Acute Epiglottitis can be a serious life threatening disease because of its potential for sudden upper airway obstruction (3). Acute epiglottitis may be more common in adults than is generally believed, but the diagnosis is often missed (4). Male to female ratio is higher in our study. No cases of acute epiglottitis in children were admitted in our hospital during the study period. Acute epiglottitis has become a disease of adults, probably as a result of immunization of children against haemophilus influenza (5). Study by Mayo-Smith et al showed the incidence in children dropped from 38 cases in the first 3 years of the study to 1 case in the last 3 years (p< 0.001) (6). Adult cases increased from 17 in the first 3 years to 69 in the last 3 years (p< 0.001)(6). Important clues that should raise clinical suspicion include fever, sore throat, odynophagia, shortness of breath and stridor. These features must be differentiated from those associated with common viral infections. The most common symptoms as quoted by Frantz et al were sore throat (95%) and odynophagia (94%); the most common signs were muffled voice and evidence of pharyngitis (7). Our study revealed sore throat in 83.3%, dysphagia and odynophagia in 78.6% patients.
The most helpful diagnostic studies are indirect laryngoscopy/Flexible Nasolaryngoscopy and radiography of the neck. Tenderness over the hyoid bone should raise suspicion of adult acute epiglottitis (8). Soft tissue lateral neck x-rays were abnormal in 88.1% of patients tested but had a 12% false negative rate (2). Our study had radiologically positive sign (thumb sign) in 95.2% patients. Factors associated with airway obstruction included symptomatic respiratory difficulty, stridor, drooling, shorter duration of symptoms, enlarged epiglottis on radiograph and Haemophilus influenza bacteremia
(6). The patients' airway should be monitored during evaluation to avoid obstruction. Out of the three stridor patients presented, two became better with conservative management. One (2.4%) patient needed emergency tracheostomy. And one of our patients (2.4%) died on the first day of admission due to septicemia. The patient was found to have associated pneumonitis as well. Hugosson et al (9) study had 0.5% (1/219) mortality rate while Mayo-Smith et al (6) showed 0.8% mortality rate.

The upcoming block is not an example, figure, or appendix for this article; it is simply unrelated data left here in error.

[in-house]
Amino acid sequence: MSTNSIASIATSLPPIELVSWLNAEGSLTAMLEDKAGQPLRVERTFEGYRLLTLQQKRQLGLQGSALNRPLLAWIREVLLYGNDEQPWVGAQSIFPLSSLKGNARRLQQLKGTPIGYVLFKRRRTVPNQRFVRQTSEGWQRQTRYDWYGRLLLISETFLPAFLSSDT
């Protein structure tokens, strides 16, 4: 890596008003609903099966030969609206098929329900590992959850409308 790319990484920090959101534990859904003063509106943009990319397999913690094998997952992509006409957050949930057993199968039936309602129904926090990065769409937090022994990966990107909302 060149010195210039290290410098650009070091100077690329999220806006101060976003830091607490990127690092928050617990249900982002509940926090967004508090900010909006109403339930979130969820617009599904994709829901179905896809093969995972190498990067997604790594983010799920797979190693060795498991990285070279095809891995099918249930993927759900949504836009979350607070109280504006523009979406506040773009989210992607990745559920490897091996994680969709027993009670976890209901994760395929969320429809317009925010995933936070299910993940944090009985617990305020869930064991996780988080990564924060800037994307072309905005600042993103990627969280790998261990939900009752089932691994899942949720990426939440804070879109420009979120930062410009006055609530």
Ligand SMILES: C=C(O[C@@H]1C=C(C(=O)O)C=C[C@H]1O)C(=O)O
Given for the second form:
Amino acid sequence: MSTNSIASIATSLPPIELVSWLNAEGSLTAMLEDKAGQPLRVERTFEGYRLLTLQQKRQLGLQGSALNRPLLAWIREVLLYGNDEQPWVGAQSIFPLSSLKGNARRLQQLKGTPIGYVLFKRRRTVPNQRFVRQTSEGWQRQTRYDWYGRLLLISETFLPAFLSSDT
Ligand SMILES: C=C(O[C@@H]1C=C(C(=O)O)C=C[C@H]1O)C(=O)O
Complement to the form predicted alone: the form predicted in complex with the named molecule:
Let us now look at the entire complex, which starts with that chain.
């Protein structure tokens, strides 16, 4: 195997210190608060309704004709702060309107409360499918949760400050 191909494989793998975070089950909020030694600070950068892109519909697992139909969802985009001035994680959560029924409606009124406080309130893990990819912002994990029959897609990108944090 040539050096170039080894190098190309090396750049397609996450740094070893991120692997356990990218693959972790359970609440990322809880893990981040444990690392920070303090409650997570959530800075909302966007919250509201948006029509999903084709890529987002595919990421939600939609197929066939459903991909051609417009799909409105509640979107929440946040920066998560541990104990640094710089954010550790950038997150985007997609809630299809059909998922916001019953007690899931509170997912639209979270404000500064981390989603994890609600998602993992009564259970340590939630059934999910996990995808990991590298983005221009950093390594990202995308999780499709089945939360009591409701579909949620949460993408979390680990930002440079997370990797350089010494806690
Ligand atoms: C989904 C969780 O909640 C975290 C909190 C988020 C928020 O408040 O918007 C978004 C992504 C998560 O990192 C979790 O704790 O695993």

All medical centers should develop a protocol for the management of patients presenting with symptoms suggestive of epiglottitis (10). The illness in our center was managed using a standard management regime. The standard treatment protocol we used included Injection Ampicillin 500mg intravenously six hourly for 72 hours followed by oral Ampicillin 500mg for 7 days, with analgesics and intravenous steroid (Hydrocortisone 200mg) if required.
Awareness of the possibility of epiglottitis in adults and close monitoring of the airway are the keys to management of this potentially life threatening condition. Blood cultures were positive in only 7.1% of the cases (Staphylococcus aureus
in one case and gram positive bacilli in two cases). Study by Wong et alalso revealed three blood cultures positive (Haemophilus influenza
in two cases and streptococcus mitis in one case) out of 14 cases (11). However Hugosson et al (9) study quoted 68% as a negative blood cultures. This reveals that a blood culture does not reveal any growth in majority of the cases of acute epiglottitis.
Since tuberculosis is very common in this part of the world, all of our patients were investigated to find out the evidence of their association of pulmonary tuberculosis. However, we could not find a single case of epiglottitis associated with tuberculosis in our study. This does not mean that pulmonary tuberculosis is not associated with epiglottitis. It is possible that, tuberculosis being a chronic illness, acute toxic features may not be the presenting features since laryngeal involvement is always secondary to pulmonary tuberculosis. A high index of suspicion is needed to diagnose this rare disease accurately and patients should be admitted to a hospital along with the intensive care facilities to reduce mortality rate. CONCLUSION
From our five year long study we came to a conclusion that acute epiglottitis is rare disease with its prevalence rate being 4.8 per 1.000 admitted ENT cases. The epidemiology of acute epiglottitis has been changing significantly, which now occurs more commonly in adults along with a lower incidence of Haemophilus influenza involvement and in majority of patients blood culture is not helpful. This study did not find any evidence of pulmonary tuberculosis in the patient who had presented with acute epiglottitis. REFERENCES
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1. Doctor. Teaching Assistant, Department of ENT and Head and Neck Surgery, T. U. Teaching Hospital, Kathmandu, Nepal.
2. Doctor. M. S. Resident, Department of ENT and Head and Neck Surgery, T. U. Teaching Hospital, Kathmandu, Nepal.
3. Professor, Department of ENT and Head and Neck Surgery, T. U. Teaching Hospital, Kathmandu, Nepal.
4. Doctor. Assistant Professor, Department of ENT and Head and Neck Surgery, T. U. Teaching Hospital, Kathmandu, Nepal.
Institution: Department of Otorhinolaryngology and Head and Neck Surgery, T. U. Teaching Hospital. Kathmandu, Nepal.
Address for correspondence:
Dr. Prakash Adhikari
M. S. Resident, Department of Otorhino-Laryngology and Head and Neck Surgery
T. U. eaching Hospital - Kathmandu - Nepal
Telephone: +977-1-4414191 - Fax: +977-1-4414191
Article received in August 6, 2008.
Article approved in December 1st, 2008.